Meredith's Reviews > Anna and the French Kiss

Anna and the French Kiss by Stephanie Perkins
Rate this book
Clear rating

's review
Sep 07, 2010

it was amazing
bookshelves: contemporary-fiction, humor, romance, ya, 2011
Read from December 30, 2010 to January 01, 2011

Originally published on The Librarian Next Door:

There’s not very much I can say that hasn’t already been said about this fabulous, wonderful book. Nearly every single book blog I read has already reviewed Anna and the French Kiss and given it heaps of well-deserved praise. I’m pretty sure my review adds nothing to the conversation; in fact, I feel like I’m one of the last people in all of the book blogging world to finally get my hands on a copy. But this is just one of those books I can’t not write about, so please excuse the gushing that will follow.

The hype and buzz surrounding Perkins’ debut was so incredible and positive, I worried that Anna and the French Kiss couldn’t possibly live up to it (as has happened to me in the past). Luckily, Stephanie Perkins’ debut novel DID live up to the hype. Anna and the French Kiss is a witty, smart, hilarious, utterly authentic story about ordinary people who come to see each other as perfect, flaws and all.

There are, in my very humble opinion, many things to like about this book. There are Anna and Etienne, two exceptionally well-developed characters with real personality traits, quirks and flaws. There is the natural, slow growth of their relationship as they become friends, supporting each other through various crises and eventually embracing their mutual attraction and admitting their love. There is the near pitch-perfect writing, with intelligent quips and realistic dialogue that captures so accurately the angst of being a teenager, the excitement and fear of uprooting your life and the vast uncertainty that accompanies being a teen on the brink of so much more.

There are the little details, the tiny little things that add up to bring such depth to the story, like Anna’s collection of bananas and elephants or Etienne’s British-isms. There are fantastic secondary characters who come alive as vibrantly as the leads and who always add to the story, instead of taking away. And then, of course, there is Paris – beautiful, magical Paris as the backdrop for this book. A Paris that is so vivid and real, it might as well be a character in the book as well. A Paris that makes you want to put down the book (and that’s saying something) and hop on a plane RIGHT NOW.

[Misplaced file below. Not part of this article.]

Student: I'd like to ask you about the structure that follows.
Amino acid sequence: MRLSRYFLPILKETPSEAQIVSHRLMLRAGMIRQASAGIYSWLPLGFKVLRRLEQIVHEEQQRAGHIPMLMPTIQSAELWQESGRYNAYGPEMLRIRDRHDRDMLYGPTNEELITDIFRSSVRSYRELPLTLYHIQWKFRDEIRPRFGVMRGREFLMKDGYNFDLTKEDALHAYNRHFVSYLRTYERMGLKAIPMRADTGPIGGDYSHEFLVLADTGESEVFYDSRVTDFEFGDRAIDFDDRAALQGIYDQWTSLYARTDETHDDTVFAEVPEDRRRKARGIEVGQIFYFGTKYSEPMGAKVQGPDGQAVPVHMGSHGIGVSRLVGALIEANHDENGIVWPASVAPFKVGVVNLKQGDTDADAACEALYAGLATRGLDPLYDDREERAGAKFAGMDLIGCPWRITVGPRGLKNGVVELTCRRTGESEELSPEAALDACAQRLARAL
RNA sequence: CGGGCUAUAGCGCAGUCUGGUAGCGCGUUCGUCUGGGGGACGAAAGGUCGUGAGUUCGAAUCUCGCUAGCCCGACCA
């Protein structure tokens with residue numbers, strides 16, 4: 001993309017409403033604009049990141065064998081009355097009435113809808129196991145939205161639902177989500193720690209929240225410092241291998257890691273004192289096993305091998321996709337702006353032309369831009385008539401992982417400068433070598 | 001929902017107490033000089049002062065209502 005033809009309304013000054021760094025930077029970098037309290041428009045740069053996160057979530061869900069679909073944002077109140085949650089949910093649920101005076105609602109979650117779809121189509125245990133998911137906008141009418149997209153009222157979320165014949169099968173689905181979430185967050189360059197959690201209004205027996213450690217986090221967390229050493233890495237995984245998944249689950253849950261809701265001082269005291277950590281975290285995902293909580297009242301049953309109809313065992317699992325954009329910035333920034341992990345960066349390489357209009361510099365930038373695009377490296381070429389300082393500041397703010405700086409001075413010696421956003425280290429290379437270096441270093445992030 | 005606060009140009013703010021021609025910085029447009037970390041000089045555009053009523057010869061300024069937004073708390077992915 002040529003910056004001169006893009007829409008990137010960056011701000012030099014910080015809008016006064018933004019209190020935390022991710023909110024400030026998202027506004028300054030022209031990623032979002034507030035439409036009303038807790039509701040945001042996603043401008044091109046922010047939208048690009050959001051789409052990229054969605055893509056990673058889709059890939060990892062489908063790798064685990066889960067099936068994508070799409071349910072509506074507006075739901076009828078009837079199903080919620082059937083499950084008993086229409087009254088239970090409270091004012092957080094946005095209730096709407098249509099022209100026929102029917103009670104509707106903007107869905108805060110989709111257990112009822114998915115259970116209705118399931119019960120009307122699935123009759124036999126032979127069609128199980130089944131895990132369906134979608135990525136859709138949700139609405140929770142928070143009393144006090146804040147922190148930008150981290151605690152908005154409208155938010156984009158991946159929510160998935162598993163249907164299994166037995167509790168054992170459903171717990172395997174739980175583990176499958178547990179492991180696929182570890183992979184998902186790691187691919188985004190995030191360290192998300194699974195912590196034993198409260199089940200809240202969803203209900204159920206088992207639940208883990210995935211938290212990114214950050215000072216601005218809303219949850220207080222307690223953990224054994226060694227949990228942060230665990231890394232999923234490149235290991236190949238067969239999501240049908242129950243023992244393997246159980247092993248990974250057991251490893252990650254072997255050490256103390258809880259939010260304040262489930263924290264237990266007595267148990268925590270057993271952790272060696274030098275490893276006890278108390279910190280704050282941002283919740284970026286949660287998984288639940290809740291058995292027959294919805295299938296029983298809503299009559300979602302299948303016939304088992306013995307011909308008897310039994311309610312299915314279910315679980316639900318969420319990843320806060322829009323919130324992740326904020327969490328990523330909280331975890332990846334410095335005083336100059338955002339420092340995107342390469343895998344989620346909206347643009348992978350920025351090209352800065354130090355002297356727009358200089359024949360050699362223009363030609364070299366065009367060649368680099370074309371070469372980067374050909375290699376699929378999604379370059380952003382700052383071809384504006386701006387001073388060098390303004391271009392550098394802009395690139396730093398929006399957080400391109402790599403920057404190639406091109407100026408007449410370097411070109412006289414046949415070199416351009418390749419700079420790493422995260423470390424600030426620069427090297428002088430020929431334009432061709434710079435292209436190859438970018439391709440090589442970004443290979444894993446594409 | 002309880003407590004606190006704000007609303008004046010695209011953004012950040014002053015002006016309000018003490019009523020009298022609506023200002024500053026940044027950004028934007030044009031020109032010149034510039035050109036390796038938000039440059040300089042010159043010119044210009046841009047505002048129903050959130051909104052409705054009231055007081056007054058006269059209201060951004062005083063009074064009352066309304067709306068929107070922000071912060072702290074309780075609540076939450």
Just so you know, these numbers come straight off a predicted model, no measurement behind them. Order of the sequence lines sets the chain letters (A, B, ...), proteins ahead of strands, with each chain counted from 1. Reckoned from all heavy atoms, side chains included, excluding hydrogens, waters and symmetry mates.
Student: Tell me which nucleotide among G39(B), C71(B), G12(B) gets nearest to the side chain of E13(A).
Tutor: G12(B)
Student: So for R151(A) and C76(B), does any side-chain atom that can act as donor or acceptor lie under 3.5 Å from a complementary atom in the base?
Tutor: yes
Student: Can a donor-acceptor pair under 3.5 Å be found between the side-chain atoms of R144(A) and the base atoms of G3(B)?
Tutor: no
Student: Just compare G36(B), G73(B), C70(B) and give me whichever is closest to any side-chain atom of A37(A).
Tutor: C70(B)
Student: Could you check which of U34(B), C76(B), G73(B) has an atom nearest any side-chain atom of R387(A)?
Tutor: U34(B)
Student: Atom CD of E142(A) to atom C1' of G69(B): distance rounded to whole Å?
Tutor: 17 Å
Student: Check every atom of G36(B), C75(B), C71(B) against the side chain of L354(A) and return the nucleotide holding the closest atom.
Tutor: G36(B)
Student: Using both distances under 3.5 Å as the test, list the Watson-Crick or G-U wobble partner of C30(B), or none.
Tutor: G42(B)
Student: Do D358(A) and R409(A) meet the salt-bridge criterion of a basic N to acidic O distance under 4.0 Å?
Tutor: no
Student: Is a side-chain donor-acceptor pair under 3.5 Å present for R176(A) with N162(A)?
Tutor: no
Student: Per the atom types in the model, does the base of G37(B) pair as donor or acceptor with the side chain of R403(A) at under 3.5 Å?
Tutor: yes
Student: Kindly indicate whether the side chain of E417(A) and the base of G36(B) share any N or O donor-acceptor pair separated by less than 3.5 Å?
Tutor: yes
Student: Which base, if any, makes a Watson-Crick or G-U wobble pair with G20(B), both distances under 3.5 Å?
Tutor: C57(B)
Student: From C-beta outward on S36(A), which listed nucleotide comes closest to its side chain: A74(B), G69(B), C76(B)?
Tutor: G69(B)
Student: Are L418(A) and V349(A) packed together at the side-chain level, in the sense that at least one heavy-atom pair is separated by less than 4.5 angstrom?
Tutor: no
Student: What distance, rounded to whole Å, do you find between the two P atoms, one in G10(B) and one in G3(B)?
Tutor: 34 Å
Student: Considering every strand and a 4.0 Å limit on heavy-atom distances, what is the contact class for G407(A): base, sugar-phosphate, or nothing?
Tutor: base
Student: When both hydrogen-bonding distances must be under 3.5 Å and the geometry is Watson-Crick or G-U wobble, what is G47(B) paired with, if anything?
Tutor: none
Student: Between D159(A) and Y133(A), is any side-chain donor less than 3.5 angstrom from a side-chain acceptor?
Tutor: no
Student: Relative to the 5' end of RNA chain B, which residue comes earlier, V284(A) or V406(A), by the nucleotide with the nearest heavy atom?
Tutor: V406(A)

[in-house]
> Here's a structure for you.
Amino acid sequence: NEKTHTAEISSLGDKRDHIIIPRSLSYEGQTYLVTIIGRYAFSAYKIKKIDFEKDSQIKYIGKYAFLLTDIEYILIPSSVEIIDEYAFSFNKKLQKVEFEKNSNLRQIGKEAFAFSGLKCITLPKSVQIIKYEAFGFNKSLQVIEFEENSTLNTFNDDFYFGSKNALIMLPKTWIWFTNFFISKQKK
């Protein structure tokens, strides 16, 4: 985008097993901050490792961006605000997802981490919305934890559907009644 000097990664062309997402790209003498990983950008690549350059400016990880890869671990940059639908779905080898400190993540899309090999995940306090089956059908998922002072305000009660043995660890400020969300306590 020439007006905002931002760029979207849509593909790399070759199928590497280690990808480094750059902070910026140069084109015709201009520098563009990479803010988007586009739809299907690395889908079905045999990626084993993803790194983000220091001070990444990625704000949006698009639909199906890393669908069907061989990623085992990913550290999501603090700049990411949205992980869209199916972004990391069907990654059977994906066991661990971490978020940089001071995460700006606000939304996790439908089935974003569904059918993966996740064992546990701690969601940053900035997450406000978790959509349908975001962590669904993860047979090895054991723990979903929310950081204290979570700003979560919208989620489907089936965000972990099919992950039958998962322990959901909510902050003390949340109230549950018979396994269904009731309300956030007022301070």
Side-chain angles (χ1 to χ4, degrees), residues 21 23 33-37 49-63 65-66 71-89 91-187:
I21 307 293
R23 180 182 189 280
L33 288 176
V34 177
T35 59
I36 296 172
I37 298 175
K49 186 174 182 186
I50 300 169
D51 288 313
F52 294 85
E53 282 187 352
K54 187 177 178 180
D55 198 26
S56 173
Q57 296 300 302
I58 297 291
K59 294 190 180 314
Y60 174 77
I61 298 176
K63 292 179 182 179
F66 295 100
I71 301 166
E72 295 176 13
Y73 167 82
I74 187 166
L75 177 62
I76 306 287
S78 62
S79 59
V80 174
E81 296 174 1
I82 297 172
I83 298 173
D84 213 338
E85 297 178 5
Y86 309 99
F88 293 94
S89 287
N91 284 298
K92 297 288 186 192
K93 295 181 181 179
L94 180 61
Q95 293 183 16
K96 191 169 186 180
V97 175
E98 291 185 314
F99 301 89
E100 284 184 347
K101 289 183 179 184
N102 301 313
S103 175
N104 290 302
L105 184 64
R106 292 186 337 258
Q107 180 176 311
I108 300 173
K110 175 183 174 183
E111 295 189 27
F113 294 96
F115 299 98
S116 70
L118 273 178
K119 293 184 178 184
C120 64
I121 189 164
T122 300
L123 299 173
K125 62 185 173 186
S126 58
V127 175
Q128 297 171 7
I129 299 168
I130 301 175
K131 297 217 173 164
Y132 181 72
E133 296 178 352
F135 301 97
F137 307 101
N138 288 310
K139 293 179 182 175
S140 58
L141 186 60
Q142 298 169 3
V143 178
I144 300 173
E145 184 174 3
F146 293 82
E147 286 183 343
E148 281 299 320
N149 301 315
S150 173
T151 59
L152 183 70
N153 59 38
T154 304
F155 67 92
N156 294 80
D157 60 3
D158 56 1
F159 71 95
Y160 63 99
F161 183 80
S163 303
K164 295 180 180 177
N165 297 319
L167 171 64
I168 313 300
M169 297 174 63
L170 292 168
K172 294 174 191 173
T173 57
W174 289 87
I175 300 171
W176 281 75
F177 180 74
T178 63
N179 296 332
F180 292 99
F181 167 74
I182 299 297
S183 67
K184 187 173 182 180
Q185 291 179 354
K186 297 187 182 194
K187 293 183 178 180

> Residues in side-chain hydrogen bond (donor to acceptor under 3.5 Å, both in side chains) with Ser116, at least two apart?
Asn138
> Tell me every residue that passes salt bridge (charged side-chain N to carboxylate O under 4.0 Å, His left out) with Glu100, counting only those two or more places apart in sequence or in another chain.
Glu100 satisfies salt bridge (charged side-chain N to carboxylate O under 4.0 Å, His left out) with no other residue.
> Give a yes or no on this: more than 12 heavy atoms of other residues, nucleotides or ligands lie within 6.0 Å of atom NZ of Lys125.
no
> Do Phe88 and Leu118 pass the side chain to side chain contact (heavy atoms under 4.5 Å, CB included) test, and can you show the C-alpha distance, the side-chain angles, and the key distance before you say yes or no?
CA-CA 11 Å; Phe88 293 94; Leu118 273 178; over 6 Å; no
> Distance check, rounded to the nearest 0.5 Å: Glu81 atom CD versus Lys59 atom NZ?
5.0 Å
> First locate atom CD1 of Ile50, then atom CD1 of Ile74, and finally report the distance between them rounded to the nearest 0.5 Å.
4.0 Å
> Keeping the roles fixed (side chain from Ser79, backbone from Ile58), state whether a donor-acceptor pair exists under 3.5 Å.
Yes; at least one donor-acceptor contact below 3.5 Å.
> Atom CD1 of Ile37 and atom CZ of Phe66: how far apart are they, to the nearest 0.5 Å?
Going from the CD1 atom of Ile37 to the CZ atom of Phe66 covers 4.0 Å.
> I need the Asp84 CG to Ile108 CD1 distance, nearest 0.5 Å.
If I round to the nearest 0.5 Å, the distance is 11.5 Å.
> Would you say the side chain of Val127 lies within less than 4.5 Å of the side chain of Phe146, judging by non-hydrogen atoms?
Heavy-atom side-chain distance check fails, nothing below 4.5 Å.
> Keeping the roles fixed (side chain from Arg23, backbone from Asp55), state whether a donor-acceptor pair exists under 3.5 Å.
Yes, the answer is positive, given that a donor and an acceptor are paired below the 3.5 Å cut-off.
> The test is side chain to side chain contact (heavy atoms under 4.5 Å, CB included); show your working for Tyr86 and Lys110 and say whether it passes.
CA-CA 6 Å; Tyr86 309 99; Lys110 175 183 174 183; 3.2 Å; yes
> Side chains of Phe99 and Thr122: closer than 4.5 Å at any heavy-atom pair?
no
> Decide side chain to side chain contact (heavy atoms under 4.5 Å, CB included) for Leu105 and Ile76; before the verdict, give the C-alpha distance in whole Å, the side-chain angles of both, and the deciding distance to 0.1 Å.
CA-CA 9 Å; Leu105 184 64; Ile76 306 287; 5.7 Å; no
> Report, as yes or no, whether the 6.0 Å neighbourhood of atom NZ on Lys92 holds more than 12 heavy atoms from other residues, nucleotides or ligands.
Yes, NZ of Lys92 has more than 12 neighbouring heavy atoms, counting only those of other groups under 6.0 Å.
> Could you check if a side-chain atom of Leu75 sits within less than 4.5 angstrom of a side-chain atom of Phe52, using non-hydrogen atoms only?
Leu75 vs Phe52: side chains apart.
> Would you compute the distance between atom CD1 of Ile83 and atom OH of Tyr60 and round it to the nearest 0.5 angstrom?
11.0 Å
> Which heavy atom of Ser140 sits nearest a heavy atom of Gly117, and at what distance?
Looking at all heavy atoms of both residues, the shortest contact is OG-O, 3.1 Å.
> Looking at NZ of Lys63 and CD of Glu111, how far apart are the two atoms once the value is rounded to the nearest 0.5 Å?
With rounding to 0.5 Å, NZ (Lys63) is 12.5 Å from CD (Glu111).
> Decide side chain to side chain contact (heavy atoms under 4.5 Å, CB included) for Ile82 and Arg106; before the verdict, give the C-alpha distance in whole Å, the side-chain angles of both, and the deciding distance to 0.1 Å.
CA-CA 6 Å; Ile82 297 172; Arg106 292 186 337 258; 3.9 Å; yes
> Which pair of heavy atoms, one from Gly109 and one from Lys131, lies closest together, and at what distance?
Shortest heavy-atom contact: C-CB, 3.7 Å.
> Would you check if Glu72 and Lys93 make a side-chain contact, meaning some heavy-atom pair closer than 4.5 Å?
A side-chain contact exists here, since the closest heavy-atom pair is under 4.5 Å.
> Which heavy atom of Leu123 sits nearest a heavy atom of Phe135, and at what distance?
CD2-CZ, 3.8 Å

Of course, it doesn’t hurt that Perkins makes some veiled (but not totally subtle) criticisms of Nicholas Sparks. (My apologies to those misguided among you who might actually like the Sparks, but those of you who are like me and bemoan the day he received a publishing contract, you know what I’m talking about.)

I try to write balanced reviews and temper my gushing with some criticism, but in all honesty, the only bad thing about Anna and the French Kiss was that it ended far too soon. Finishing this book was bittersweet; I wanted to cheer for Anna and Etienne when they finally got their happy ending because they fought for it and it was so hard-won. But I was also sad to leave them - and Paris – behind. I wanted to linger in Stephanie Perkins’ world for just a little bit longer. Believe the hype. Believe the buzz. This book lives up to all of it. Read Anna and the French Kiss and you will not be disappointed.

Sign into Goodreads to see if any of your friends have read Anna and the French Kiss.
Sign In »

No comments have been added yet.